Ancestors ~ Paternal Line ~ of Danny J Loveless ~ Part 1

Some of Our  Handsome  Men in Our Family

Some of Our Handsome Men in Our Family

For my blog this week I would like to start to share my husbands, Danny J Loveless’s paternal family line. It’s still a work in progress so if any of my readers could give me any advice I would be grateful for any feedback I receive. I will add some other blogs as I am able to finish getting all the facts figured out on some of the different interesting Family member’s and the stories in their lives.
Danny’s father died when he was only nine years old. He has two half-brothers from him, but they are 20 plus years older than him and one is deceased. They both had families of their own to care for as Danny was growing up so he did not interact much about their family history. Danny admittedly told me that he knew very little about his father’s family history because of his own lack of interest. Now as he has gotten older he has expressed an interest, so I have tried to learn what I could from the different genealogy sites that I use for family history research.

Here is what I have been able to piece together to this point.

Ancestors ~ Paternal Line ~ of Danny J Loveless
William Lovelace Luvlaz (1247 – 1270) is Danny’s 19th Great Grandfather (GGF)
John I Lovelace (1270 – 1300) is Danny’s 18th GGF
John Lovelace II (1300 – 1363) 17th GGF
John Lovelace III
(1330 – 1417) 16th GGF
John Lovelace IV (1360 – 1417) 15th GGF
Robert Richard Lovelace (1395 – 1466) 14th GGF
William John Lovelace (1435 – 1495) 13th GGF
Sir William Lovelace II (1480 – 1541) 12th GGF
William Lovelace III
(1527 – 1577) 11th GGF
Sir William IV Lovelace (1561 – 1628) 10th GGF
Sir William Lovelace (1583 – 1627) 9th GGF
Thomas Lovelace (1615 – 1689) 8th GGF
Thomas William Lovelace (1650 – 1763) 7th GGF
John Baptist Lovelace (1689 – 1765) 6th GGF
Thomas Loveless
(1706 – 1736) 5th GGF
John Loveless (1736 – 1811) 4th GGF
Joseph Loveless (1778 – 1829) 3rd GGF
John Jasper Loveless (1807 – 1880) 2nd GGF
James Washington Loveless
(1828 – 1889) GGF
David Henry Loveless (1862 – 1934) Grandfather
Carl Edwin Loveless (1904 – 1962) Father
Danny J Loveless Son of Carl Edwin Loveless

Some Interesting Loveless/Lovelace History that I found as I researched Danny’s family history:

1. The family names of Loveless and Lovelace all began as Lovelace.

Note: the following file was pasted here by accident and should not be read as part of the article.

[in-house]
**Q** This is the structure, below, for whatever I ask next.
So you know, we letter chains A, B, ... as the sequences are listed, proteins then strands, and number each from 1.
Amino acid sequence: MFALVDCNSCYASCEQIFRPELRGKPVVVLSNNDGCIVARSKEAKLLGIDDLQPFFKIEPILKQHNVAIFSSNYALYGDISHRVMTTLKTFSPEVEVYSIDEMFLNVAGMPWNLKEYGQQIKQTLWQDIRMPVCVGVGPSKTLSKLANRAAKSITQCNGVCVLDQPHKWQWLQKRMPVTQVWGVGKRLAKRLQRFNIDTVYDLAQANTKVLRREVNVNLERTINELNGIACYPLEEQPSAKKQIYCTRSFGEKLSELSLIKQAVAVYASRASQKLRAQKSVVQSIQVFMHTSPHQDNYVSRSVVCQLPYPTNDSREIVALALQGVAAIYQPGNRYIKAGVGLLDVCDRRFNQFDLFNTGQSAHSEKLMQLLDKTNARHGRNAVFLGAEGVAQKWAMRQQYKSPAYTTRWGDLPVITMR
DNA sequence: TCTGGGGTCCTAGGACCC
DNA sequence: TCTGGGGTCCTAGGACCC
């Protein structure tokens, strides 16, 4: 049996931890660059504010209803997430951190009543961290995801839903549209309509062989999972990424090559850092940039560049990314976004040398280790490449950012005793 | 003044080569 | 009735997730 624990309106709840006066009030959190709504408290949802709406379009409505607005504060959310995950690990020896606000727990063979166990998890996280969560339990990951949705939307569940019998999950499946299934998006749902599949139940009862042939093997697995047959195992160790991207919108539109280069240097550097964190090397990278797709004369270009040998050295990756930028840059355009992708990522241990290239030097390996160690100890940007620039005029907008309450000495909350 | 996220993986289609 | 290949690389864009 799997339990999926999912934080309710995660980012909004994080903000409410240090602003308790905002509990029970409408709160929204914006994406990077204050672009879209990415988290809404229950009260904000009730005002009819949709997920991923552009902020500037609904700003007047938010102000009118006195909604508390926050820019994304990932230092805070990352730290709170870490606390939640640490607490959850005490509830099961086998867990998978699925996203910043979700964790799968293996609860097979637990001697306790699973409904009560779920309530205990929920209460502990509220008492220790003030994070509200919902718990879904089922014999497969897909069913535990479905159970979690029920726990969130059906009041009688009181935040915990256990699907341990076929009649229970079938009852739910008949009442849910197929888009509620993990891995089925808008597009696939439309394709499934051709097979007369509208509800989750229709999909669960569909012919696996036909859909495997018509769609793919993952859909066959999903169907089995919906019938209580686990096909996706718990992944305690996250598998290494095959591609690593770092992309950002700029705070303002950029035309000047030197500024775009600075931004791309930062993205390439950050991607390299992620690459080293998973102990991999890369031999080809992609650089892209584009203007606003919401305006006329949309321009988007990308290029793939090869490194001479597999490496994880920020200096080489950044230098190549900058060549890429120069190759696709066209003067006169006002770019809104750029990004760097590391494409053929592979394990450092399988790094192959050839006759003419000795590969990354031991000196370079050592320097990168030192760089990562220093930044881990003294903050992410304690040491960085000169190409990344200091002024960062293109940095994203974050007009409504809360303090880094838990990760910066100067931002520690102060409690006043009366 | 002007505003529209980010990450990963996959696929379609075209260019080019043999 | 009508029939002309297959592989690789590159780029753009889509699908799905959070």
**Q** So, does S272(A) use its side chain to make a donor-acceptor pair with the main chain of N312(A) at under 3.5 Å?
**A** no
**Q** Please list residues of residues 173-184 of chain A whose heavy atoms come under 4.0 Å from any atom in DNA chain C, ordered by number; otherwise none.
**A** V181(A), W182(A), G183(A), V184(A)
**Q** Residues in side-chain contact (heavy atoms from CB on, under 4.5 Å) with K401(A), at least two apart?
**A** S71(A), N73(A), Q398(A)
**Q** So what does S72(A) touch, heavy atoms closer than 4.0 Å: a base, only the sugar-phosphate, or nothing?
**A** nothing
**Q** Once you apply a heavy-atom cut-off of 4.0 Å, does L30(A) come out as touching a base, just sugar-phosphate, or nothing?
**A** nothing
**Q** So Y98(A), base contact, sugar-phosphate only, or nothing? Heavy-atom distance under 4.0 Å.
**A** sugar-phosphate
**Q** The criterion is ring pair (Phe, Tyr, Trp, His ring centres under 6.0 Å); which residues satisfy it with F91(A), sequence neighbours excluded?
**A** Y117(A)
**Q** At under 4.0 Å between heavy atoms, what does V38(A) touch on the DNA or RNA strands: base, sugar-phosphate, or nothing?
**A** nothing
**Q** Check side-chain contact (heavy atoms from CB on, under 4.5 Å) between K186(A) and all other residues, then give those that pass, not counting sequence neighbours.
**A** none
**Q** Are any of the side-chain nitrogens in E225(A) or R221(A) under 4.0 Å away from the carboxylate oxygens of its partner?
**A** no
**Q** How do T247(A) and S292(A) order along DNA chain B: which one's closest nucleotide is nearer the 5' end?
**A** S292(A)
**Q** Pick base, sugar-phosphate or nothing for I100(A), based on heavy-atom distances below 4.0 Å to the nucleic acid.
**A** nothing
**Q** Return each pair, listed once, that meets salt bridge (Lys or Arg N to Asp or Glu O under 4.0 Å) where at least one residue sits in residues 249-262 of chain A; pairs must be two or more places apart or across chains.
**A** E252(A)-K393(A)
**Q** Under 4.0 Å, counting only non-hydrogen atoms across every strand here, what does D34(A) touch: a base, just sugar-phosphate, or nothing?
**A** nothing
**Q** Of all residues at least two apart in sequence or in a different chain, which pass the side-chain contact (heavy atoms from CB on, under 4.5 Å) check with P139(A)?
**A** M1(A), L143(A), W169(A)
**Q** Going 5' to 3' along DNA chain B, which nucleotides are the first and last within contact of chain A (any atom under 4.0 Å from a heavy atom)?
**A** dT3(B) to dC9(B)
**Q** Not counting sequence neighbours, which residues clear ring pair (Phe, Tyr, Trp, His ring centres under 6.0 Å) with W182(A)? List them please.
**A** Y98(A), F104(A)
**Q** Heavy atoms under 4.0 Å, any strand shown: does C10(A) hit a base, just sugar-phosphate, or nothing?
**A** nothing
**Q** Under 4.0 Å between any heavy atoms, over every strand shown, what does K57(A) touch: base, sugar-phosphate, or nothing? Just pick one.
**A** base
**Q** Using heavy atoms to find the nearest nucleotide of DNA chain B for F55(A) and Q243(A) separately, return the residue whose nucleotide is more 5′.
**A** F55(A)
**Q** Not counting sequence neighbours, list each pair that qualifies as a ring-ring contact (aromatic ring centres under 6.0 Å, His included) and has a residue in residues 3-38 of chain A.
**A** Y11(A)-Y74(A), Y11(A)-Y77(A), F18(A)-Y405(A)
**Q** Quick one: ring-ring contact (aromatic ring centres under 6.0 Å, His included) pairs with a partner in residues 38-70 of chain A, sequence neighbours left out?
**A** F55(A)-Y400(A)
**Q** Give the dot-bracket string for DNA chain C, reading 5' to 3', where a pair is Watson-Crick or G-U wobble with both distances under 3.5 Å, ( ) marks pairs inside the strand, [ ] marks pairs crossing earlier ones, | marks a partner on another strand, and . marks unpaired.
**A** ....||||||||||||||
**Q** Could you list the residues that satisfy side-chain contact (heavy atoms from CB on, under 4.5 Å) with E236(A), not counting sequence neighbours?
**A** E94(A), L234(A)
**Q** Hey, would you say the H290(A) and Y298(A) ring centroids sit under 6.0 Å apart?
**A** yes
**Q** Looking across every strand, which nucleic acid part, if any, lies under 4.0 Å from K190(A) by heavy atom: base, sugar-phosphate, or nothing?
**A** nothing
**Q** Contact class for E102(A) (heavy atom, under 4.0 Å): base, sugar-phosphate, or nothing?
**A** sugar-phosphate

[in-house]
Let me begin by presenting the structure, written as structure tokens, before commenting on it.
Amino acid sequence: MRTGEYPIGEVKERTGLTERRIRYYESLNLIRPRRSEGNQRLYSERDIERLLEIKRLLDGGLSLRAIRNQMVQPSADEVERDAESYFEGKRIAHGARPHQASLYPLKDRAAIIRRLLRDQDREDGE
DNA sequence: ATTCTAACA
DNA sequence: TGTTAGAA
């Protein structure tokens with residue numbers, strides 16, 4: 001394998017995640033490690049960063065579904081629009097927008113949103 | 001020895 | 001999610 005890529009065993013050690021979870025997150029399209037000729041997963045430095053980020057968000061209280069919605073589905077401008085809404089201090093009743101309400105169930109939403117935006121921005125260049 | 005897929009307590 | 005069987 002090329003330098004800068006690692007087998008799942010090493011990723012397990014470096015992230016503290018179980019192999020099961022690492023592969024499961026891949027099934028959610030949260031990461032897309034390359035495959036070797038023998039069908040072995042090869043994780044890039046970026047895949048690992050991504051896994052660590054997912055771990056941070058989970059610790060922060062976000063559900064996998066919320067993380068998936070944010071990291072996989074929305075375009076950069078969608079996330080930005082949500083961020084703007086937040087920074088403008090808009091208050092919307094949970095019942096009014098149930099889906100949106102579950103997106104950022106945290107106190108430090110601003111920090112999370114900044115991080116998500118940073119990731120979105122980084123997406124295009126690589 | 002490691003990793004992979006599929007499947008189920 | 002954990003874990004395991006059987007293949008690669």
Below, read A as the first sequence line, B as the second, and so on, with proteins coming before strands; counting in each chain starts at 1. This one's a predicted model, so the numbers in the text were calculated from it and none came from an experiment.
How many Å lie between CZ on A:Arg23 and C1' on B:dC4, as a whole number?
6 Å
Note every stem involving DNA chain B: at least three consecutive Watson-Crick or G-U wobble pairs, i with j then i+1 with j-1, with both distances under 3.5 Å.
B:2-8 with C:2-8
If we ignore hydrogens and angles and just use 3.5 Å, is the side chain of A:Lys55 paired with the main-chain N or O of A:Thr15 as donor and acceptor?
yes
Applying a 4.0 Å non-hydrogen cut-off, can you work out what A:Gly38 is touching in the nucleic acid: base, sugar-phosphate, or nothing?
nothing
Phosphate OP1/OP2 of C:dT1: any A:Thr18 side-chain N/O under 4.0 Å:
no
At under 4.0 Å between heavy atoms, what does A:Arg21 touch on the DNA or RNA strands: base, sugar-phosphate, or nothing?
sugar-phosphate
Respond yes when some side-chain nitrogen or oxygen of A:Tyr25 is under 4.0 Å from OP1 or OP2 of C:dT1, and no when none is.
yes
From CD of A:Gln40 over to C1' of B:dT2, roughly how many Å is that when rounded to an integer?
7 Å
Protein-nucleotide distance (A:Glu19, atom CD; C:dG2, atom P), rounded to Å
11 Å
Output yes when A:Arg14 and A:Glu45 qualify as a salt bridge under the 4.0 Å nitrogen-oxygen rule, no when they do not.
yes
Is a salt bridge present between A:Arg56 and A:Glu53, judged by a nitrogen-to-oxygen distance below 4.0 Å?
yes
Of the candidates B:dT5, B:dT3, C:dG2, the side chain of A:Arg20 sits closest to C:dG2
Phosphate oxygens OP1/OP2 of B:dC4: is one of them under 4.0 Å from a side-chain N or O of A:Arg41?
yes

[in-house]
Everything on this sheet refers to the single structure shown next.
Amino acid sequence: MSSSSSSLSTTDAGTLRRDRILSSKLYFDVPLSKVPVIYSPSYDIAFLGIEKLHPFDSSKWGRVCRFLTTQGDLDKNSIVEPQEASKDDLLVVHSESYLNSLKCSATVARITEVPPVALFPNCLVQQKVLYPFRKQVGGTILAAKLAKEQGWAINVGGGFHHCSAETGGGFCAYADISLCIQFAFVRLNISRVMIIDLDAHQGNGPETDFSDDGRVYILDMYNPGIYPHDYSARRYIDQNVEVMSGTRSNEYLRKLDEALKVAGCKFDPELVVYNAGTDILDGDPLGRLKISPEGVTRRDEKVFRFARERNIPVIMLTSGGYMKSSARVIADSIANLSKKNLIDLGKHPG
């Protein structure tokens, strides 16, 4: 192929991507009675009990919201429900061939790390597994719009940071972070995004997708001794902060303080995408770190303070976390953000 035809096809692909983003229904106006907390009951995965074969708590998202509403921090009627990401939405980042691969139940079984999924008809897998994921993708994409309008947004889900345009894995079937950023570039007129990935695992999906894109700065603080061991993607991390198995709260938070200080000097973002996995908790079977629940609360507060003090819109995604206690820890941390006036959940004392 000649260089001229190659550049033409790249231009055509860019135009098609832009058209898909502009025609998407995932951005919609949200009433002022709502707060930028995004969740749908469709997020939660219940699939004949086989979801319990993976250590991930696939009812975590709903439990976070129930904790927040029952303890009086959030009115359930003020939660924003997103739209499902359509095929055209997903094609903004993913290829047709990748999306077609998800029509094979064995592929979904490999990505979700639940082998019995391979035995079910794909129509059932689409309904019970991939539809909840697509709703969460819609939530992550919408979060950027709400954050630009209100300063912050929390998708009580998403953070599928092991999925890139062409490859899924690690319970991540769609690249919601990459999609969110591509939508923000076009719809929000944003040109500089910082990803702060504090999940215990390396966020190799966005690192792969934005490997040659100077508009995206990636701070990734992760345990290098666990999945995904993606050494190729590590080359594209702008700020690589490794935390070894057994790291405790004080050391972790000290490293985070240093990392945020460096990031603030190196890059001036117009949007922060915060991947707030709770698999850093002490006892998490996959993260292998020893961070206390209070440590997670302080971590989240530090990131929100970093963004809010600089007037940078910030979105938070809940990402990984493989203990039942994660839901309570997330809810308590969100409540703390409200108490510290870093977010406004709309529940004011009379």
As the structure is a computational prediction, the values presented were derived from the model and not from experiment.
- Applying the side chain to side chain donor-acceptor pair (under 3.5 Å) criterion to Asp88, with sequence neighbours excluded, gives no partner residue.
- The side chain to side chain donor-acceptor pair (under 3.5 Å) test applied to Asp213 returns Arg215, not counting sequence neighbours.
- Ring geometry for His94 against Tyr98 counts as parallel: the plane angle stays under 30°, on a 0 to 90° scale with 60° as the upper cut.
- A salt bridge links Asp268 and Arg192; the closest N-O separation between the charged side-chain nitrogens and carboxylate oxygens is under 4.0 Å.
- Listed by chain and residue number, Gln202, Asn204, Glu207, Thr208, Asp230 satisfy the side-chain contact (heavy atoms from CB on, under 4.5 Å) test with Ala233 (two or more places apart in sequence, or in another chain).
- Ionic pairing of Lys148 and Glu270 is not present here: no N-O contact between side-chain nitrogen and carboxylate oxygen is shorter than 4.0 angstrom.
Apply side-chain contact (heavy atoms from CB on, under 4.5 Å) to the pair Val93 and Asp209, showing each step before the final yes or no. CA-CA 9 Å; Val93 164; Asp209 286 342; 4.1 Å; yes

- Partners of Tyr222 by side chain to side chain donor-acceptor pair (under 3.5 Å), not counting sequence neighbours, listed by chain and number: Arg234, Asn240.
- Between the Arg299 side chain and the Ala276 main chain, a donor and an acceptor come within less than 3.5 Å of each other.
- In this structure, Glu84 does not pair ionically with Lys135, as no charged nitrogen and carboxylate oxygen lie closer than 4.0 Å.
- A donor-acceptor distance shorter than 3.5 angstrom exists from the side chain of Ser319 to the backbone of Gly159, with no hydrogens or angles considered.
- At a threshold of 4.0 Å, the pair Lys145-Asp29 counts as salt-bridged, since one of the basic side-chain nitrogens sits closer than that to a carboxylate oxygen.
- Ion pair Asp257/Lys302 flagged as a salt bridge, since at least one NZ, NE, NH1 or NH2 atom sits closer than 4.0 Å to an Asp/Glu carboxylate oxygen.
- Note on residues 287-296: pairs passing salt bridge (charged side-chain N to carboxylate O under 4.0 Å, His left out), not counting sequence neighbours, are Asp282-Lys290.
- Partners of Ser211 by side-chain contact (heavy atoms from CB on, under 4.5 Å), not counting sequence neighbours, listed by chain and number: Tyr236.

• In pre-revolutionary
times the family was divided by political interests.
• The Tories or Royalists kept the Lovelace name and either returned to Europe or removed to Canada.
• In defiance the Patriots or Rebels who wanted to break away from England and to become Americans changed the name to Loveless. As you can see we come through the Patriots or “Rebel” side of the family 😉 This helps me understand where my husband got the Rebel in him.

2. In early records the Loveless/Lovelace name appears under many different spellings including Loulas; Luvlace; Loveles; Lovelisse; Lawless; Laghless; Laueless; Loweless; Lovelas; Louelace; Lovelass; Lovis.

3. Tradition says that the name originated from Loheac, who was a captain of a free company in the service of Edward the Black Prince, and he subsequently settled in England. I was not able to find any proof to back up this claim or to find out the first name of this man named Loheac or where he came from. Edward the Black Prince lived from 1330-1376. He was one of the most famous warriors of the middle ages. John Lovelace II (1300 – 1363) who is Danny’s 17th GGF, John Lovelace III (1330 – 1417) who is Danny’s 16th GGF and John Lovelace IV (1360 – 1417) who is Danny’s 15th GGF. These men all lived during Edward the Black Princes time period however to date I have not been able to find any data that links any of them with Edward the Black Prince. I have also been able to find an additional two generations of Danny’s family line, John I Lovelace (1270 – 1300) is Danny’s 18th GGF and William Lovelace/Luvlaz (1247 – 1270) is Danny’s 19th Great Grandfather (GGF) I do have my doubts as to the actual facts of this claim, but I try to keep an open mind and I will keep researching until I can prove or disprove its claim.

4. Lovelace (Loveless) is an old English surname derived from the “wearing of a love token”.

5. The Lovelace’s are Bethersden England’s most famous family; William Luvelaz is the earliest recorded member of this town and he is shown as witness to a Bethersden deed not later than 1247.

6. John Lovelace III (1330 – 1417), Danny’s 16th GGF; in 1367 purchased from William Kinet a manor in Bethersden, that was west of the parish church, which was afterwards variously known as “Bethersden”, “Bethersden-Lovelace”:, and “Lovelace Place”.